You are given a permutation of size \(n\), i.e. a sequence of \(n\) distinct numbers. The task is to partition this permutation into monotonic subsequences. The number of subsequences (syn.: partition) does not need to be minimum, but it has to be smaller than \(f(n)\), which denotes the minimum \(k\) such that any permutation of size \(n\) can be splited into at most \(k\) subsequences.
I came across this problem on Codeforces a while ago. They did provide a solution (thanks, Radewoosh!), but since I love to proving things, I want to note down some of my insights and findings.
Observations
Let \(t\) be the greatest \(\tau\) such that \(\frac{\tau(\tau+1)}{2} \leq n\). Consider the permutation (size \(n\)) in which the first \(\frac{t(t+1)}{2}\) terms are 1, 3, 2, 6, 5, 4, 10, 9, 8, 7, … (OEIS A038722), followed by the rest of \(n\frac{t(t+1)}{2}\) terms sorted decreasingly. We call this sequence \(\sigma(n)\). For example:
 \(\sigma(6)=\{1, 3, 2, 6, 5, 4\}\)
 \(\sigma(8)=\{1, 3, 2, 6, 5, 4, 8, 7\}\)
What is the minimum number of monotonic partitions of \(\sigma\)?
We notice that \(\sigma\) can be seperated into several contiguous subarray, each subarray has decreasing elements. For example:
\[\sigma(8)=\{1\vert 3,2\vert 6,5,4\vert 8,7\}\]The number of such subarrays (denoted as \(m\)) is either \(t\) or \(t+1\), depends on whether \(n\frac{t(t+1)}{2}=0\) or not. What is the minimum number of partitions of \(\sigma\) (denoted as \(g(\sigma)\))? We can easily tell that every element in the subarray \(l\) is less than any element in the subarray \(r\), if \(l\) is on the left of \(r\). We will use a greedy algorithm to compute \(g(\sigma)\). Let’s say \(a, b\) is the number of increasing / decreasing subsequences.

\(b = 0\). If two elements are in the same subarray, they must belong to two different increasing subsequences. The biggest subarray size is \(t\), and each element in this subarray belong to a distinct increasing subsequence, hence \(a=t\).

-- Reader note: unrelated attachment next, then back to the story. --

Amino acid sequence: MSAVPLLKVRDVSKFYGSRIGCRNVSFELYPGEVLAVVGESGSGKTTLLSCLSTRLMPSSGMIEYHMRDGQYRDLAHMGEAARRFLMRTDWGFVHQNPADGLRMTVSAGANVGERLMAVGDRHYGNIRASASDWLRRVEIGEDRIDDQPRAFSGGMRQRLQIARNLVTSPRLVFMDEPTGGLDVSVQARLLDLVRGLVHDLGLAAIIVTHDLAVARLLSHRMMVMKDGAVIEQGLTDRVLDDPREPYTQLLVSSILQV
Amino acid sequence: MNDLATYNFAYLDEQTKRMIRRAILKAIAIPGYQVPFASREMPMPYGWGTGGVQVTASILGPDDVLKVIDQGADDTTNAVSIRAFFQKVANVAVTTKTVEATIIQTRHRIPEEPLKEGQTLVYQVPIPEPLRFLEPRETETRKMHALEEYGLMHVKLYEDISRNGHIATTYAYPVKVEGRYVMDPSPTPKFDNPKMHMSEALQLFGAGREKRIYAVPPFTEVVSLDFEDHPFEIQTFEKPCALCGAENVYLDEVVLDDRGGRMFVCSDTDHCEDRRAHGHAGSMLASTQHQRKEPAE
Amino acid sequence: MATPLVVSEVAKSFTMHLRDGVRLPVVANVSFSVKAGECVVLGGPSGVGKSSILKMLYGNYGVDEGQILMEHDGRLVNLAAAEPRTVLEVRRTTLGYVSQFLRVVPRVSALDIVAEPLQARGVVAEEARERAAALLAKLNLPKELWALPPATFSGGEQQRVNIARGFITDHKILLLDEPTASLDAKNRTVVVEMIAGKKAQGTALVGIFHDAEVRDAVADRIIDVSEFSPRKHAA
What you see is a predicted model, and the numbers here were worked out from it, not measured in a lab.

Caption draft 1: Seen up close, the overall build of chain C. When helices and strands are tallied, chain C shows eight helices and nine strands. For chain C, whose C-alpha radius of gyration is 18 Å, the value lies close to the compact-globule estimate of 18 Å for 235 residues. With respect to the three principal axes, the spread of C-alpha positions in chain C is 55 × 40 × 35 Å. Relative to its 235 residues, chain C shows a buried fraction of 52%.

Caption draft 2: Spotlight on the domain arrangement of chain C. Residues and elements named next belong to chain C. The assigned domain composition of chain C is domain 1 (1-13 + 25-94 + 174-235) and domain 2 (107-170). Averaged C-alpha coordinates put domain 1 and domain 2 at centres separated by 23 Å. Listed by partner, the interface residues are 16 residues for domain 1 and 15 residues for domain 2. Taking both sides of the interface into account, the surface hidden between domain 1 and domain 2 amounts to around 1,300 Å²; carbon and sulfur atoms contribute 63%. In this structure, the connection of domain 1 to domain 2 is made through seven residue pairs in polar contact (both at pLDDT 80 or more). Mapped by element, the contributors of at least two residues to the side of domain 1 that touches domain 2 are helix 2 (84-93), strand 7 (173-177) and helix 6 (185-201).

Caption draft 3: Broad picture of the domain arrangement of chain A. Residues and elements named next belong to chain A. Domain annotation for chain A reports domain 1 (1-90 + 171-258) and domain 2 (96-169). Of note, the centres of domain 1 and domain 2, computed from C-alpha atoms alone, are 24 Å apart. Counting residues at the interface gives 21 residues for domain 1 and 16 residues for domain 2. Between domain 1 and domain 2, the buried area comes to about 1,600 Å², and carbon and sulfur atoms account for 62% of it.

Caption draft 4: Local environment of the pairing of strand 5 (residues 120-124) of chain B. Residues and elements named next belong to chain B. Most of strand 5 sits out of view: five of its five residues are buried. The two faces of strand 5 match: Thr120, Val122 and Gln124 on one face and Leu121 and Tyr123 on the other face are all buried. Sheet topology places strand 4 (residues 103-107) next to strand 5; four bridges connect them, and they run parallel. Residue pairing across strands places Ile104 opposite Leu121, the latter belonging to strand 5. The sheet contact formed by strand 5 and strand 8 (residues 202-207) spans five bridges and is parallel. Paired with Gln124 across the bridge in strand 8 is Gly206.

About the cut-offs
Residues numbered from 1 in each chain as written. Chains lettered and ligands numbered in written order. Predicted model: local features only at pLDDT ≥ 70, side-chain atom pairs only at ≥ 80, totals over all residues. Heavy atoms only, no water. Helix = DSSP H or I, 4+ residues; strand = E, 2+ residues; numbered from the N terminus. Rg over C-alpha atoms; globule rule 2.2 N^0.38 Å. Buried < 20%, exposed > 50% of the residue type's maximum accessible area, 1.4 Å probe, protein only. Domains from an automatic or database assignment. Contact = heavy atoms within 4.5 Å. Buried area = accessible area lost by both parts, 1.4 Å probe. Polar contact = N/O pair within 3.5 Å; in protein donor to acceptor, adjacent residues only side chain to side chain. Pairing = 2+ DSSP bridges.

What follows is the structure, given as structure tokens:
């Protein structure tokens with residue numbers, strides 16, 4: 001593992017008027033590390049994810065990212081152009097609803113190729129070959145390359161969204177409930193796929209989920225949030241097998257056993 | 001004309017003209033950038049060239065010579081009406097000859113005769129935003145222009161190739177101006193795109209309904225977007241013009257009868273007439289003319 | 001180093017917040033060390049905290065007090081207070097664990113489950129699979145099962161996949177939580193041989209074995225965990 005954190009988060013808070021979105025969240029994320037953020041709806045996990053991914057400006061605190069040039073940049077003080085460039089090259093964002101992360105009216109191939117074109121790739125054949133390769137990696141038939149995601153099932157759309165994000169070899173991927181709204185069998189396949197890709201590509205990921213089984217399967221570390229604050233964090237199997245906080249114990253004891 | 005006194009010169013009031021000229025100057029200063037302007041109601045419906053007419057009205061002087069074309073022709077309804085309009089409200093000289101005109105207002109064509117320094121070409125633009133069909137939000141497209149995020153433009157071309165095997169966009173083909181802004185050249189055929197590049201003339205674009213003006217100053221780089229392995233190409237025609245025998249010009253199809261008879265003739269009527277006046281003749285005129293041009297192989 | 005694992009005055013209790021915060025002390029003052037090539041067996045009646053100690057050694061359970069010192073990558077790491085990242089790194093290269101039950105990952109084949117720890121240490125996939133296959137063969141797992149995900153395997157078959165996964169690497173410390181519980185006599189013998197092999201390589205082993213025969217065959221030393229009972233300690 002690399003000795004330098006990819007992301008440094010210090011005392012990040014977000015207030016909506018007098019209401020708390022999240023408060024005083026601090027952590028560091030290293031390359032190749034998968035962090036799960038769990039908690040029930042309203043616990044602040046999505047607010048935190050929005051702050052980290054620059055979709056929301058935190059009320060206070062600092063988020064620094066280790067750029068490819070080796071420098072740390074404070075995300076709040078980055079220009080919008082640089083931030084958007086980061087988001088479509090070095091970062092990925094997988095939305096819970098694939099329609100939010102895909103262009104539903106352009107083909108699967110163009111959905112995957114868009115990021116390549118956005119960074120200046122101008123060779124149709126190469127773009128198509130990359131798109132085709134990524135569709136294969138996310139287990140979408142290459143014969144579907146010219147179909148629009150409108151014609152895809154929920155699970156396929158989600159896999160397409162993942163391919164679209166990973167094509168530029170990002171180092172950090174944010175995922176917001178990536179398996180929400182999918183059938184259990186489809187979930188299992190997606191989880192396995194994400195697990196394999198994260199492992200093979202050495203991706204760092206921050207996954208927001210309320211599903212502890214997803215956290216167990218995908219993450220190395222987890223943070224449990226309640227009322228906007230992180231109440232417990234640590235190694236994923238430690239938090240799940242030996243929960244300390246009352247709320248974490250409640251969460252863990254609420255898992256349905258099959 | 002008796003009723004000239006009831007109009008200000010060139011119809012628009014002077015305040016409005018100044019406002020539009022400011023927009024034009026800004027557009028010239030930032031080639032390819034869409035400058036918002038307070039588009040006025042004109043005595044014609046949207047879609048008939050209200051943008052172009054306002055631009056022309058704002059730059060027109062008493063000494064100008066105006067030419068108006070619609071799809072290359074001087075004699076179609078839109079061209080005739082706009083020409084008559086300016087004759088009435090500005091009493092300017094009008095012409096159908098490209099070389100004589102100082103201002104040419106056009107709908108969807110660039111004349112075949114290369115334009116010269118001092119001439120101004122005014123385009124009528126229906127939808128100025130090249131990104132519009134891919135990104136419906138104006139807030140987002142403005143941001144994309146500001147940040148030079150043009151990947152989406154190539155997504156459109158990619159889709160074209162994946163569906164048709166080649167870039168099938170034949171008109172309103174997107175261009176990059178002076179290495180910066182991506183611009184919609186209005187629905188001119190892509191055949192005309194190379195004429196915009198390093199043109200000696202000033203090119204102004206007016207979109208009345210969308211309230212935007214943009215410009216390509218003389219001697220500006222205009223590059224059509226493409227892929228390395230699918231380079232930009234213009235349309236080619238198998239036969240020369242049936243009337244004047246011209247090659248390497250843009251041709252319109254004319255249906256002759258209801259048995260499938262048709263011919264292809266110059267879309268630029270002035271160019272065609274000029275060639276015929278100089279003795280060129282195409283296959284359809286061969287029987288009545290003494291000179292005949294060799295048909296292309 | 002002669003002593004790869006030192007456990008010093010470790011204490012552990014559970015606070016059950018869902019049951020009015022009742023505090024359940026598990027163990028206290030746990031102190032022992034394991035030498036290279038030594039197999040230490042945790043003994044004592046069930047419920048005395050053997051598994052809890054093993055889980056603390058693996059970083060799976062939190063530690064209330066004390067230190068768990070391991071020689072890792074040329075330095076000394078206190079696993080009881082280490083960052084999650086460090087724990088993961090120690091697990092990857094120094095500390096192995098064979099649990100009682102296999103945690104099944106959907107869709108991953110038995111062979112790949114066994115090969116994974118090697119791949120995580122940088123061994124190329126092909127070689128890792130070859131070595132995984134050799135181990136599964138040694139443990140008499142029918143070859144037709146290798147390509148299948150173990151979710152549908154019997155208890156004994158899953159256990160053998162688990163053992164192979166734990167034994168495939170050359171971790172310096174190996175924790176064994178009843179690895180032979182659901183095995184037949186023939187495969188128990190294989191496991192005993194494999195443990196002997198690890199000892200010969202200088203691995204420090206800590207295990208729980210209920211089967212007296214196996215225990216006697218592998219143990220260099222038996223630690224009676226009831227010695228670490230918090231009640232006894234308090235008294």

\(b\neq 0\). If we have a decreasing subsequence \(d\), we have to expand it to the whole subarray. The action of expanding means we take some elments from other subsequences and bring them into \(d\). This cannot add more subsequences, but can even remove some of them. So it’s legit to expand. If we have chosen \(b\) subarrays to be \(b\) decreasing subsequences, \(a\) will be the max size of the other subarrays. So, those \(b\) decreasing subsequences should be the \(b\) biggest subarrays of \(\sigma\) to reduce \(a\). For example, the sizes of the subarrays in \(\sigma(8)\) is: 1, 2, 2, 3 (\(t=3\)); \(b=2\Rightarrow a=1\); \(b=1\Rightarrow a=3\). With this in mind:
Which basically means the first method always yields the minimal \(g(\sigma)\). The second method is as effective, sometimes worse, but never better than the first method.
Conclusion: \(g(\sigma)=t\).
What is the relation between \(f(n)\) and \(t\)?
It’s easy to see that:
\[f(n)=\mathrm{max}(g(\alpha)),\ \forall \alpha\in P_n\\ \Rightarrow f(n)\geq g(\sigma) = t\]I cannot tell the exact value of \(f(n)\), but I can use \(t\) as the new upper bound instead of \(f(n)\). If we can partition any permutation into at most \(t\) subsequences, since we’re guaranteed that \(t\leq f(n)\), such a solution will be immediately valid. We’re close to solving the problem.
How to partition a permutation of \(n\) into at most \(t\) subsequences?
Let me remind you that \(t\) is the greatest \(\tau\) such that \(n\geq \frac{\tau(\tau+1)}{2}\).
We can make use of the classic problem “Longest Increasing Sequence” (or LIS). The algorithm is as follows:
 If \(n=0\), we have nothing to do.
 If \(\vert LIS\vert \leq t\), then we can immediately split the permutation into \(\vert LIS\vert\) decreasing subsequences. (See more: Patience Sort). There, we did it!
 Otherwise, we erase exactly \(t\) elements from the LIS, use them as a subsequence, leaving \(nt\) elements, and \(t1\) is the largest \(\tau\) such that \(nt\geq \frac{\tau(\tau+1)}{2}\). Back to step 1, with updated parameters: \(n:=nt\) and \(t:=t1\).
The partition strategy is very elegant, though the proof and observation leading to the algorithm are so sophisticated.
See my implementation in C++. Special thanks to Meteusz Radecki, the author of this problem, I really enjoy it.